Japan Geoscience Union Meeting 2016

Presentation information


Symbol S (Solid Earth Sciences) » S-EM Earth's Electromagnetism

[S-EM35] Electromagnetic Induction in the Earth and Planetary Interiors, and Tectono-Electromagnetism

Wed. May 25, 2016 10:45 AM - 12:15 PM IC (2F)

Convener:*Masahiro Ichiki(Graduate School of Science, Tohoku University), Mitsuru Utsugi(Aso Volcanological Laboratory, Institute for Geothermal Sciences, Graduate School of Science, Kyoto University), Chair:Hiroshi Ichihara(Japan Agency for Marine-Earth Science and Technology)

10:45 AM - 11:00 AM

[SEM35-07] Three-dimensional resistivity structure of Asama Volcano

*Yoshiya Usui1,2, Yasuo Ogawa1,2, Koki Aizawa3, Wataru Kanda1,2, Takeshi Hashimoto4, Takao Koyama5, Yusuke Yamaya6, Masaaki Mishina, Tsuneomi Kagiyama7 (1.Graduate School of Science, Tokyo Institute of Technology, 2.Volcanic Fluid Research Center, Tokyo Institute of Technology, 3.Institute of Seismology and Volcanology, Faculty of Sciences, Kyushu University, 4.Institute of Seismology and Volcanology, Faculty of Science, Hokkaido University, 5.Volcano Research Center, Earthquake Research Institute, University of Tokyo, 6.Fukushima Renewable Energy Institute, National Institute of Advanced Industrial Science and Technology, 7.Aso Volcanological Laboratory Institute for Geothermal Sciences Graduate School of Science Kyoto University)

Keywords:magnetotelluric method, volcanic structure, 3-D topography, 3-D inversion, unstructured tetrahedral element

Asama volcano is an andesitic composite volcano located in central Japan. The present active crater locates at the eastern part of the complex. At the west of the crater, there is a horseshoe-shaped caldera, which was formed after the collapse of an old stratovolcano at around 24,000 years ago. In order to reveal the relationship between volcanic activities and subsurface structure, two-dimensional resistivity structure of Asama volcano has already been obtained by Aizawa et al. (2008) from the data of dense magnetotelluric survey. However, three-dimensional steep topography around Asama volcano can distort the observed response functions. Therefore, in this study, we performed three-dimensional inversion with the same data set as the previous study. In the inversion, we utilized the scheme proposed by Usui (2015), which enabled us to incorporate precise topography around the mountainous area into the computational mesh with the aid of the unstructured tetrahedral element.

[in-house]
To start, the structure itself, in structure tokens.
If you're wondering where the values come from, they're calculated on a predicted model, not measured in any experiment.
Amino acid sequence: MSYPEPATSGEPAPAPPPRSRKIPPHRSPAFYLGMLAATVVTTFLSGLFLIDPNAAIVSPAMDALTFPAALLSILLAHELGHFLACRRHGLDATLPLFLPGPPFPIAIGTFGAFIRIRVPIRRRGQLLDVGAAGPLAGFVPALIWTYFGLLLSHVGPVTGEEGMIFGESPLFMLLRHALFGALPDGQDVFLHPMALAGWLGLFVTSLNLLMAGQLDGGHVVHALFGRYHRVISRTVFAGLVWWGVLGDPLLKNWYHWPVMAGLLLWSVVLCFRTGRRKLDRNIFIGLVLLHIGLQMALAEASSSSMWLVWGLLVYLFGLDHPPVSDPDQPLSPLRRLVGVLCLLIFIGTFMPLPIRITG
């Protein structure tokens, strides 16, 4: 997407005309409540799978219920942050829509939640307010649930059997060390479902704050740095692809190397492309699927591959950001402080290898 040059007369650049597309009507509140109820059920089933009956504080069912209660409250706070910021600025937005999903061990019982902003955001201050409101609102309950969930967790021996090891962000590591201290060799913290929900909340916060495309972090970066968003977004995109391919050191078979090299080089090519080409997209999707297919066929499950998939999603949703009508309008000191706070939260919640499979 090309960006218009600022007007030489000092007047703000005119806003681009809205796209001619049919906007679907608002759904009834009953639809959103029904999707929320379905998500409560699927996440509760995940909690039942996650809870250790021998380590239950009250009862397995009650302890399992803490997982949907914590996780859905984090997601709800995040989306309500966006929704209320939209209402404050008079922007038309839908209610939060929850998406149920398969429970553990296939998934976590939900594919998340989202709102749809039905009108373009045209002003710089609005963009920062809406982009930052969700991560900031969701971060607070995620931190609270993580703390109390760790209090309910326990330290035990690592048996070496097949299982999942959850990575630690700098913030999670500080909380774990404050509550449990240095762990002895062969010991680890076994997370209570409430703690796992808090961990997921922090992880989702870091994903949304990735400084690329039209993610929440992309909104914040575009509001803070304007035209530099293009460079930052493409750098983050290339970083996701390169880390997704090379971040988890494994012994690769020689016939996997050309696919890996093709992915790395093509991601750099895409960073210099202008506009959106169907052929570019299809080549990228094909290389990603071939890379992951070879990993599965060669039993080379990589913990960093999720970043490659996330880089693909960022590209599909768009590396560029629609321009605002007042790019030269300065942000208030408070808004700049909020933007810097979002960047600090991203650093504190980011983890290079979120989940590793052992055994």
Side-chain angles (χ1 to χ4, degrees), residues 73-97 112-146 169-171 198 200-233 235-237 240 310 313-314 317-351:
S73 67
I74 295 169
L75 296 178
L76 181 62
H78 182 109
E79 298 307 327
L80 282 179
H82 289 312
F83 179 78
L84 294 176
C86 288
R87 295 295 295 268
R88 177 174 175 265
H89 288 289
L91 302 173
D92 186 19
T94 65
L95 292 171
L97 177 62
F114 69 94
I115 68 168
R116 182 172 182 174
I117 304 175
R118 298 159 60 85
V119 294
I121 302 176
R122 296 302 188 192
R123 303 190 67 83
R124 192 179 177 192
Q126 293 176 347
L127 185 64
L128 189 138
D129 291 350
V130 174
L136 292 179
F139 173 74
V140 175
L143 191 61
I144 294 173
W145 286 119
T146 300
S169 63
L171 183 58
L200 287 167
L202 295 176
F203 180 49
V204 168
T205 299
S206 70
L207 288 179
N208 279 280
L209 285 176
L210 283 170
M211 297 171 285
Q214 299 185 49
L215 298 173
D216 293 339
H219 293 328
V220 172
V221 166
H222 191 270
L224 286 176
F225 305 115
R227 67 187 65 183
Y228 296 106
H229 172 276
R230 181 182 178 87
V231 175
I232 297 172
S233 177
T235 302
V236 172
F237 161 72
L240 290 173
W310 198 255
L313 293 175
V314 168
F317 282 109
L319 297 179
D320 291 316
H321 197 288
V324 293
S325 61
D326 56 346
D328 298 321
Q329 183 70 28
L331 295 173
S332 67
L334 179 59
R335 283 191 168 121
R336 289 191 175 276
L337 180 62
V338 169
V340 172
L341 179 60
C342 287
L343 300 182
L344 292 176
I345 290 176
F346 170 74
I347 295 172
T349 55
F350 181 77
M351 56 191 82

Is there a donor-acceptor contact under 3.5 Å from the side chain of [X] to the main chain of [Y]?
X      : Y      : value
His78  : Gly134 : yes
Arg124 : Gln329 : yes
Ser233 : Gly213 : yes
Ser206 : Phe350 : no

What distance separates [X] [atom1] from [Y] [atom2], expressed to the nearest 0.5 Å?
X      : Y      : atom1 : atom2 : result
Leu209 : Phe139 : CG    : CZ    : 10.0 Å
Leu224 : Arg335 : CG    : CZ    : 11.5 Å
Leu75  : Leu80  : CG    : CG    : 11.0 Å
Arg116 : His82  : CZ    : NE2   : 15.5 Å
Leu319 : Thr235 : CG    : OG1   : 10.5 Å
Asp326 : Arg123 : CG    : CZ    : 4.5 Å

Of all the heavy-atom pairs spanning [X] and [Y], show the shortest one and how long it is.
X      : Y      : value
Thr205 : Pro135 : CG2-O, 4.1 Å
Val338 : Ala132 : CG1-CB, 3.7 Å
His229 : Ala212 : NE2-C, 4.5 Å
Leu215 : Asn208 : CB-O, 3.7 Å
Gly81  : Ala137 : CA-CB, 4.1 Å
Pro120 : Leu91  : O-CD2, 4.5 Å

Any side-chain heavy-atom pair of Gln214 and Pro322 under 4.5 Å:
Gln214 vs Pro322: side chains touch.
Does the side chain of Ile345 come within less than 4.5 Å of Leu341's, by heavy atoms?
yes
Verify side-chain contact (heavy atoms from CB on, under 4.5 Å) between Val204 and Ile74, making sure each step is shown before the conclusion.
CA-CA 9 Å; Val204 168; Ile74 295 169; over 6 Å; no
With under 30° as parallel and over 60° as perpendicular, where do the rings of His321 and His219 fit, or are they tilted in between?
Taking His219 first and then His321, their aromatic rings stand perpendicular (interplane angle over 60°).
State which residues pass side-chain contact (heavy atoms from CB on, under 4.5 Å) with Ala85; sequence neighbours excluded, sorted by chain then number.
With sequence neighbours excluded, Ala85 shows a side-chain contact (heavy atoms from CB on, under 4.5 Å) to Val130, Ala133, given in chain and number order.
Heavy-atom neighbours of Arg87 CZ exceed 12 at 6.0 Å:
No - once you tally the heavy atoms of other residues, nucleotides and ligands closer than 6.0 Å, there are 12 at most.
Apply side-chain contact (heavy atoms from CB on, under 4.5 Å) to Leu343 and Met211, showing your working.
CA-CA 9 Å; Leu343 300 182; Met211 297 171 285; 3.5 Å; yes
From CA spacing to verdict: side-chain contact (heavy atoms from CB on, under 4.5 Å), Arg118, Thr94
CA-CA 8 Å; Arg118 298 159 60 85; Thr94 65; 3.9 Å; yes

The measurement stations used in the inversion consist of 36 magnetotelluric stations and 37 audio-magnetotelluric stations, and we used full components of the impedance tensor and the vertical magnetic transfer function. Though some stations of them measured only electric fields, the different locations of electric and magnetic fields were taken into account in the inversion algorithm. Galvanic distortion parameters were also estimated as model parameters in addition to subsurface resistivity values.
In the obtained resistivity structure, there is a spherical resistive body at the altitudes from 0.5 to 1.5 km under the collapse caldera. From impedance phases, Aizawa et al. (2008) inferred that the resistive body was isolated. By the three-dimensional inversion, we confirmed that the resistive body under the caldera was isolated. We found that hypocenter locates around the isolated resister under the caldera. Aizawa et al. (2008) suggested that this resistive body is old solidified magma and it impedes the ascending magma. The result of our analysis supports the suggestion.
In addition, at the depths deeper than 0 km below sea level, resistivity of the west of the summit was relatively higher than surrounding area. This higher resistivity area is elongated to WNW–ESE direction and locates over the location of dyke intrusions estimated from seismic and geodetic measurements (Takeo et al., 2006). This high resistivity area also corresponds to high P-wave velocity and high-density area revealed by Aoki et al. (2010). They suggested that the high velocity is due to the solidification of repeatedly intruded magma. Our result is consistent with this interpretation since the porosity of solidified magma is considered to be low and it can lead to high resistivity in that area. On the other hand, the surrounding conductive area may consist of higher porosity rocks with saline water.